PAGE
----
When the temperature does change, i.e in a filament lamp, the resistance is not constant. Despite the filament being an ohmic conductor, because it gets hot - the resistance increases (shown by the curve getting shallower). This is because the charge carriers vibrate more when heated, so they collide more often, so more energy is dissipated.
I/V Graph for Thermistor
Semiconductors are not as good as conductors at conducting (obviuosly), due to their mlimited number of charge carriers. However, when energy is supplied to them more carriers are released. there are 3 semi-conductor components you need to know about: thermistors, LDRs and Diodes.
NTC THERMISTORS - negative termperature coefficient thermistors decrease their resistance when the temparture in them increases. Warming the electrons give them more energy to escape their atoms - when an atom escapes it leaves behind a positive hole, allwoing more electrons to escape to fill the vacant 'holes'. An exponential effect is produced:
I/V Graph for LDR
LDRs - light dependant resistors change their resisiance depending on the intensity of the light shining on them. The greater the intensity, the lower the resistance.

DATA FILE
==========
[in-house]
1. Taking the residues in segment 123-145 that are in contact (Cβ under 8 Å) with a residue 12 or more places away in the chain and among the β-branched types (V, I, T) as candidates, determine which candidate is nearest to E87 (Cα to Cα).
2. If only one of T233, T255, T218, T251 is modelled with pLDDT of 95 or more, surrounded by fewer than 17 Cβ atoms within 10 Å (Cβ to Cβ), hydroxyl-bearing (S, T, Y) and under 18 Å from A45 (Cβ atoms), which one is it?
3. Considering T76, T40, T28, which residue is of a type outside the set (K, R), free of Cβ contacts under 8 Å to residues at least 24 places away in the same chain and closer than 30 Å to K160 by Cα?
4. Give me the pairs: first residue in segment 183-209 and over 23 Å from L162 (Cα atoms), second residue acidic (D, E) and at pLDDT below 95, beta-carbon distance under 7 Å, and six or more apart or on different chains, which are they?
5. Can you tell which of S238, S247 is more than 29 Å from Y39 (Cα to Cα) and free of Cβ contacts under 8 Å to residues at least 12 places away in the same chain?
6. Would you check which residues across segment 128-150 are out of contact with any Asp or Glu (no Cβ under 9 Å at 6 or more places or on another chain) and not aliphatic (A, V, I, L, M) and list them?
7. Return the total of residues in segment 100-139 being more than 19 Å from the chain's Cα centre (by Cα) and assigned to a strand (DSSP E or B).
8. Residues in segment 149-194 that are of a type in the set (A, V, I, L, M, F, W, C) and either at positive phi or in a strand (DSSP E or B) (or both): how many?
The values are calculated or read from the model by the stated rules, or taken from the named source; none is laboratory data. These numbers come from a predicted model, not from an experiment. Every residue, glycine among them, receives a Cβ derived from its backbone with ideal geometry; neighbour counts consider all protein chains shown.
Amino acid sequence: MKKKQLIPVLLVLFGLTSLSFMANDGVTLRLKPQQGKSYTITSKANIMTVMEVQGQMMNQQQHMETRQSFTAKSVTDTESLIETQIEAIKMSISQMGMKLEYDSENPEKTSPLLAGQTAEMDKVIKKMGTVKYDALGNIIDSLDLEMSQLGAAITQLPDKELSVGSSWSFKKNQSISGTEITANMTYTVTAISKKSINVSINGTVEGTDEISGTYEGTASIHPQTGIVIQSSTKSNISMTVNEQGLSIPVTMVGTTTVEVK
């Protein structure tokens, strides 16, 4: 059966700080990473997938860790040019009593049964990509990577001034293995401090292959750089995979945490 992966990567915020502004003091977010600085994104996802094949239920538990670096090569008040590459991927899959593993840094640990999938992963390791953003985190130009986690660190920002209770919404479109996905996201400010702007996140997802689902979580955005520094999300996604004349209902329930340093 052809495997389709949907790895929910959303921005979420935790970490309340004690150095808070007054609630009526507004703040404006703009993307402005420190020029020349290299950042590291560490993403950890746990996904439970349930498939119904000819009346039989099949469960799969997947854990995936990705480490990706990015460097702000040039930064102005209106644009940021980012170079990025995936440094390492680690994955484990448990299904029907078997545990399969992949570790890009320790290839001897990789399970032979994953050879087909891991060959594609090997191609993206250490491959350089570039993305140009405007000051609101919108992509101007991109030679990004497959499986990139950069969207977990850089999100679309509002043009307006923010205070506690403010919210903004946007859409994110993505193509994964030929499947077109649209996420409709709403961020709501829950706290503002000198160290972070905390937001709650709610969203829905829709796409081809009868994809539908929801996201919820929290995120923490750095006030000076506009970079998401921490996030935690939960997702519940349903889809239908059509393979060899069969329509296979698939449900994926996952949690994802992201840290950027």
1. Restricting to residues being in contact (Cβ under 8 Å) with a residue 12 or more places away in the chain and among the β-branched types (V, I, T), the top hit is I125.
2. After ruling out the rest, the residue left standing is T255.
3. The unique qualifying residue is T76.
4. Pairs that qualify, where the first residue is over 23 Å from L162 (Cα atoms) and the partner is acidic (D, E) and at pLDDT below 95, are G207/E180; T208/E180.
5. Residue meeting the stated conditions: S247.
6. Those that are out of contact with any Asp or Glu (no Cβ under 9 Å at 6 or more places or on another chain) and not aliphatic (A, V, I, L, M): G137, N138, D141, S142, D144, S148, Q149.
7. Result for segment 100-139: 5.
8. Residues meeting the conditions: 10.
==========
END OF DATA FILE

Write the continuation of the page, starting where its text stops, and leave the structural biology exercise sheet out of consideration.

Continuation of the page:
The I/V characteristic has the same shape as the I/V characteristic for Thermistors.
I/V Graph for Diodes
Diodes only let current flow in one direction:
- Forward bias is the direction the current
- Most need a threshold voltage of about 0.6V in the forward direction before they'll conduct
- In reverse bias, the resistance is really high, so the current that flows is very small.
Electrical Energy and Power
POWER, as we know from Unit 1, is the rate of tranfer of energy, or P = W/t
In Electrical circuits, we can find power using this equation:
This is derived from P=W/t:
- Voltage is energy tranferred per coloumb
- Current is the number of coloumbs tranferred per second
- so voltage x current = energy tranferred per second i.e. power
We also know that V=IR, so we can combine the 2 equations to get different ways of calcualting power:
Using power, we multiply by time to calculate ENERGY:
W = VIt.. .(or...W = (V^2/R)t...or...W = I^2Rt )
E.m.f and internal resistance
Batteries have INTERNAL RESISTANCE